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Small & Largemouth The Bass Gary Howey

  Bass, both the smallmouth and largemouth bass are one of the top predators in any body of water as they’re some of the most aggressive fish in the body of water.

Largemouth

  The largemouth inhabits most bodies of water from small farm ponds, gravel/sand pits, to the Missouri River Reservoirs of South Dakota and Nebraska. Where’s there’s water, you’ll find the largemouth, including in the numerous lakes found throughout Minnesota and the “Glacial Lakes” of northeastern South Dakota.

  As mentioned earlier, largemouth can be very aggressive and will attack almost anything they might think they can get into their mouth. Among several of the things that bass are known to eat include snakes, frogs, lizards, salamanders, ducklings, crayfish as well as other fish.

  Bass are aggressive feeders, in the spring before the “Dog” days of summer; you’ll find them shallow in preparation for the spawn.

  The male will create a nest with their tail in one to three feet generally less than ten feet from shoreline where the fertilized eggs are deposited. The male will guard the fingerlings until they’re capable of fending for themselves.

  Because the male has been busy keeping predators away from the nest, he hasn’t had an opportunity to eat and one of the final things he’ll do before leaving the nest is chase the fingerlings from the nest by gobbling down as many of the young as possible. This not only allows the male to feed, but it may also show the young fish that they can’t trust anything, not even their father.

  After the spawn, the female moves into the deep water to rest and recuperate from the spawning ritual.  During the cool time of the day and after the sunsets, the females will move from the deeper water up shallow looking for a quick meal.

  In the summer, all largemouth will look for more comfortable water temperatures, this may be deep, adjacent or in the weeds or in the shade of a dead fall or stump lying in the water.

  As summer moves into fall, bass like all fish will start to feed heavily, as they need to bulk up before winter sets in, feeding heavily until water temperature decline when these cold blooded creatures metabolism slows and they ride out the winter.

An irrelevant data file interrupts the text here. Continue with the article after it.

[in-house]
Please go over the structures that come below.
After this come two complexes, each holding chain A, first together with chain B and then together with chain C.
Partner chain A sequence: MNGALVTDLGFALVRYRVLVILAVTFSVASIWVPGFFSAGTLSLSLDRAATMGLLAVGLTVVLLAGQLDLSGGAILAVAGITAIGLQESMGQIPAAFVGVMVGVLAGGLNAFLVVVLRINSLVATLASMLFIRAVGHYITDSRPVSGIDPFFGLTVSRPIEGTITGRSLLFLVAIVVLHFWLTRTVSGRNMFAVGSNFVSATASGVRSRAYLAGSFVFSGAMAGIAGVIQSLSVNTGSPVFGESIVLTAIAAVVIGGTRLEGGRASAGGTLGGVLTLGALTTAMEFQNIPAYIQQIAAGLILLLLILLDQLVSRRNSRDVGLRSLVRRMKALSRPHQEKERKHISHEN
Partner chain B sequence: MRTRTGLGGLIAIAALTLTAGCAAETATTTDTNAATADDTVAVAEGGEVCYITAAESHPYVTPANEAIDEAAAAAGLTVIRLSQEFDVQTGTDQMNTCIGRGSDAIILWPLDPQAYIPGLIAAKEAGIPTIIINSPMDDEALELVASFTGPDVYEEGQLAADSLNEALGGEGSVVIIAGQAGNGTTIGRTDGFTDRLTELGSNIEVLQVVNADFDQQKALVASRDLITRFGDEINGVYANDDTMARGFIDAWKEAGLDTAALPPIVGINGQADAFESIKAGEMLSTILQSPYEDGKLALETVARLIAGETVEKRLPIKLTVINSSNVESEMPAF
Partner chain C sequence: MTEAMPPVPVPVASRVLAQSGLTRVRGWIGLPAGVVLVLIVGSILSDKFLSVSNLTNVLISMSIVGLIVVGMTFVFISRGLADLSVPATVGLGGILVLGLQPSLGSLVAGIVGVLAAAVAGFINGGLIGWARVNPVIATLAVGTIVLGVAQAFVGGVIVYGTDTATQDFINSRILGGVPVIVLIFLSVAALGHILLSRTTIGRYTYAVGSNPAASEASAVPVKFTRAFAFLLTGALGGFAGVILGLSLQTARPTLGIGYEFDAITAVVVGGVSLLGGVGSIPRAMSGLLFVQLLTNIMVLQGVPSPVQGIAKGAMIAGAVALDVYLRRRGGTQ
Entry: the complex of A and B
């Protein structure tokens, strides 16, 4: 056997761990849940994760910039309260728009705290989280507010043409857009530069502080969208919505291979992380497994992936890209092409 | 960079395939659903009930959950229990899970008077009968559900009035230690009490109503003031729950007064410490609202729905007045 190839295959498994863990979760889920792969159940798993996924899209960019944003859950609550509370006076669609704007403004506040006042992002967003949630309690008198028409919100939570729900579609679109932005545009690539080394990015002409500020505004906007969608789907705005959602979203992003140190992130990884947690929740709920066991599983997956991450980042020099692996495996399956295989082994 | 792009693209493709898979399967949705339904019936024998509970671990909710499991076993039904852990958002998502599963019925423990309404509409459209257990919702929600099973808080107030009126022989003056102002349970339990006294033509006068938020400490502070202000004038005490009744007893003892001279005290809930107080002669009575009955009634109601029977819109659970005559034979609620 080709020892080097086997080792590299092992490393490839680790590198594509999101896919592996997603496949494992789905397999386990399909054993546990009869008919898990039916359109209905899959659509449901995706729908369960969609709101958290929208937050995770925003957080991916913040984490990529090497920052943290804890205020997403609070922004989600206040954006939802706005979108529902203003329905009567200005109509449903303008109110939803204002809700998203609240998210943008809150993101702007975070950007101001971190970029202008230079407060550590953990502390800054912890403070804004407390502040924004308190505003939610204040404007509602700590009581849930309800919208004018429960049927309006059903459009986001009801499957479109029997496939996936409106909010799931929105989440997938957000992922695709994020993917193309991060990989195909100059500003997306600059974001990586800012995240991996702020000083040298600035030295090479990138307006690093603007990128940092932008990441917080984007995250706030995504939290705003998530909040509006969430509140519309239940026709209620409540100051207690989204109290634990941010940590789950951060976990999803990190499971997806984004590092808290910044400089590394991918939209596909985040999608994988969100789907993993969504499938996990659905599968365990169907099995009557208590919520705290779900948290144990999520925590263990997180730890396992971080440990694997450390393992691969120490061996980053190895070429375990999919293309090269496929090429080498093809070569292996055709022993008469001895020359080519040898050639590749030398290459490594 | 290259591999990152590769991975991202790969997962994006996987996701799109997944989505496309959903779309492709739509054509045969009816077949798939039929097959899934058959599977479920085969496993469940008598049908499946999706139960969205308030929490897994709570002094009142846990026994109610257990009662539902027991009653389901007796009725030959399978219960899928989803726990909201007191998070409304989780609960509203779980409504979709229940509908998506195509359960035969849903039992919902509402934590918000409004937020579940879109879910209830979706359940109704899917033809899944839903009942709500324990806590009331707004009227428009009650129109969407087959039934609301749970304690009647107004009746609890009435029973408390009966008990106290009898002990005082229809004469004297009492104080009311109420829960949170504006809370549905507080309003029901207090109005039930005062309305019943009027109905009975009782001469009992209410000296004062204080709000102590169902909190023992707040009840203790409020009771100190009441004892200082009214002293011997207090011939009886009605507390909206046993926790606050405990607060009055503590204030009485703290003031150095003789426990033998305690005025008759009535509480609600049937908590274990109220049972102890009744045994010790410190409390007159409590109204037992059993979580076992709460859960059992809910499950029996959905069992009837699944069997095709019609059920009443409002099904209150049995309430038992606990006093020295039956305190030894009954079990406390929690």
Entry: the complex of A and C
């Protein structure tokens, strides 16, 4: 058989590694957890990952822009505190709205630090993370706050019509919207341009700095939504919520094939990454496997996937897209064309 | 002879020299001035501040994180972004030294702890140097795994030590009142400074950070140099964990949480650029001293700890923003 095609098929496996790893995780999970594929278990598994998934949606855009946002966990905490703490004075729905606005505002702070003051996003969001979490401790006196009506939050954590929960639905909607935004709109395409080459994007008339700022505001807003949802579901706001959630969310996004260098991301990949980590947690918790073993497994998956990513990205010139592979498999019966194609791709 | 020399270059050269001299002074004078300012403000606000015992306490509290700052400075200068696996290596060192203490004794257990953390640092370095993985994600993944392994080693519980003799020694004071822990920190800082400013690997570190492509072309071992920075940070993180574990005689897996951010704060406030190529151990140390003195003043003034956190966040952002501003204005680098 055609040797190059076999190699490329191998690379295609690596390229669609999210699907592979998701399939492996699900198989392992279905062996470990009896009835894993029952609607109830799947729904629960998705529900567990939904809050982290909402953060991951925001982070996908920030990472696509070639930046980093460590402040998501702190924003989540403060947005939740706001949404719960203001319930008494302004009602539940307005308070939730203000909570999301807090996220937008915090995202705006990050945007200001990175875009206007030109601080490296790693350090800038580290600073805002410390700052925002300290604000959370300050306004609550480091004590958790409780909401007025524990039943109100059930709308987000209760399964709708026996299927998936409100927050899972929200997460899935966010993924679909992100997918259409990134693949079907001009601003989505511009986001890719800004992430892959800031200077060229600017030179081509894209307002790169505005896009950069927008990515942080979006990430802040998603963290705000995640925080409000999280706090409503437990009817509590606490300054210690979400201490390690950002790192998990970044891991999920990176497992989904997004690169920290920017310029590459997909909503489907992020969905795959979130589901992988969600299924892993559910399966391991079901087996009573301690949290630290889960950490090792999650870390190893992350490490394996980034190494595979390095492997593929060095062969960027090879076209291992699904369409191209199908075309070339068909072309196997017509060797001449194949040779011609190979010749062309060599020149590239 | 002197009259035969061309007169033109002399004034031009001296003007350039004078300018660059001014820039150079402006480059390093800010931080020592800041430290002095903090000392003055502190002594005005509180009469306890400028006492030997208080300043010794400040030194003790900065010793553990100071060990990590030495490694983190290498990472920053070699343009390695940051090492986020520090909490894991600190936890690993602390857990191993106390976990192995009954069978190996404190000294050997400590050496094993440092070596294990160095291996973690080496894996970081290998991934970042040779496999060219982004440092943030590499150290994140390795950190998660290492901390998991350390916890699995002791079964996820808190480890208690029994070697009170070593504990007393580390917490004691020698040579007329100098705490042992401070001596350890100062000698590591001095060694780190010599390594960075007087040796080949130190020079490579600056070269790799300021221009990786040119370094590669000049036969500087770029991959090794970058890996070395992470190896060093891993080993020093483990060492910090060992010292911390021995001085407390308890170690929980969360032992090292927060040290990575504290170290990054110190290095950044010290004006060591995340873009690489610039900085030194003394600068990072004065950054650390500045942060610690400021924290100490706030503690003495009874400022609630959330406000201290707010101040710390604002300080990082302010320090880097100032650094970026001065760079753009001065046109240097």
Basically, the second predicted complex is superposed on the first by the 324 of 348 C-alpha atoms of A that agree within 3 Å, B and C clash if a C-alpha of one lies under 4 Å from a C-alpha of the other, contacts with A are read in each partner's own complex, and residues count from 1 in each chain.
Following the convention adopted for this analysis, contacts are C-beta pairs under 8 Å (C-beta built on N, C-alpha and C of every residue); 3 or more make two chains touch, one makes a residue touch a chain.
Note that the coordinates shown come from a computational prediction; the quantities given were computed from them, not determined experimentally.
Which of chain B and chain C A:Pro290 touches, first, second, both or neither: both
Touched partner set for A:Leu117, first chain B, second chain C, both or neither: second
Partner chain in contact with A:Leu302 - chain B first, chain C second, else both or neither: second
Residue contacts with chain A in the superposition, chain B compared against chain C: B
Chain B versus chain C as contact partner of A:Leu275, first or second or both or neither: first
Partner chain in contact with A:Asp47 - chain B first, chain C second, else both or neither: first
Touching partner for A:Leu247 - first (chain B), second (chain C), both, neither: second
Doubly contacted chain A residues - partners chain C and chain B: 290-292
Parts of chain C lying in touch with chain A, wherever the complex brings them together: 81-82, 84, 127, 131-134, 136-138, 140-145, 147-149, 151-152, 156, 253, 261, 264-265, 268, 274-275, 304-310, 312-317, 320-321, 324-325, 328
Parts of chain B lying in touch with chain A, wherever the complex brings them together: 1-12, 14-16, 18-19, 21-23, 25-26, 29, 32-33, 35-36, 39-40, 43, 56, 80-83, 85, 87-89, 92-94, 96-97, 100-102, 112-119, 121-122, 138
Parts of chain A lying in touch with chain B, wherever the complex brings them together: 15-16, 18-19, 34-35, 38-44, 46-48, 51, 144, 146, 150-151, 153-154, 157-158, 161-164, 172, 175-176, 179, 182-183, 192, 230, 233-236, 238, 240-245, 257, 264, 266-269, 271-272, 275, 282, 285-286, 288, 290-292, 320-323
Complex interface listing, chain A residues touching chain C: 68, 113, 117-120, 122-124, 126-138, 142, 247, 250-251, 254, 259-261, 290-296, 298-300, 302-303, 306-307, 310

Some of the preferred baits for taking largemouth include; jigs and pig, spinnerbaits, buzz baits, Texas rigs with Berkley Gulp, PowerBaits and Carolina Rigs,  dropshot rigs, crankbaits like those manufactured by  Bagley and in some cases live bait rigs.

    The largemouth records for the states mentioned above vary with the South Dakota record for largemouth being 9 lbs. 3 Oz. with the Minnesota record fish coming in at 8 Lbs. 15 Oz. while the Nebraska record tipping the scales at 10 Lbs. 11 Oz

Smallmouth

The smallmouth bass can be even more aggressive than their cousin the largemouth bass are. Called the Bronze-back, a name given to smallmouth because of their aggressive nature and the way they fight once hooked, pretty much describes the fight an angler has on his hands once the fish is hooked. They run hard, test your equipment and come from deep water in a flash, dancing along the surface trying to dislodge the hook in their jaw.

  They inhabit numerous lakes throughout Nebraska, with excellent populations in the Missouri River reservoirs as well as on Merritt Reservoir and other smaller lakes.

  The South Dakota Reservoirs, Lewis & Clark, Lake Francis Case, Lake Sharpe and Lake Oahe all have huge smallmouth populations as do the “Glacial Lakes” in the northeastern portion of the state that include Horseshoe, Roy Lake, Reetz Lake and Enemy Swim.

   In Minnesota, you’ll find numerous lakes where these “Bull Dogs of the Deep” will test your equipment and your fish fighting skill. [Read more…]

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Ice Fishing at 50 degrees By Gary Howey

  There’s something to be said about ice fishing when it’s fifty degrees, it’s not the type of weather you usually associate with ice fishing.  For one thing, your hands and the rest of your body isn’t as cold as those minus thirty-three wind chill days you had been on the ice. That day when we traveled five hours north with a film crew and had to film as we had been invited up by one of our sponsors and the day before wasn’t as bad with the weatherman indicating that the following day wouldn’t be all that bad!

  On fifty-degree days, you can fish without heavy gloves, making it easier to untangle your lines and easier and quicker to tie on or bait ice fishing micro baits when you don’t have to wear gloves.

  The best thing about it is you don’t have to bribe your friends to go ice fishing with you.

  When the forecast for Friday February 10 was for fifty-degree weather and little wind in the morning, it sounded like a good time to hit the ice.

  Some of my fishing partners were worried about the ice and not having enough ice but after I assured them that there was eight inches a few days before, they were all in.

  Dani Thoene and I hit the ice first, with Dani punching holes and me following up behind him to clean up the ice mound around the hole and scoop them clean.

  Larry Myhre, Sioux City, IA. pulled in shortly after we arrived and set up on one of the holes to the east of where I was fishing.

  Ten minutes later Anthony Thoene arrived and began fishing not too far from where Larry had set up, with Melvin Kruse rounding out our crew.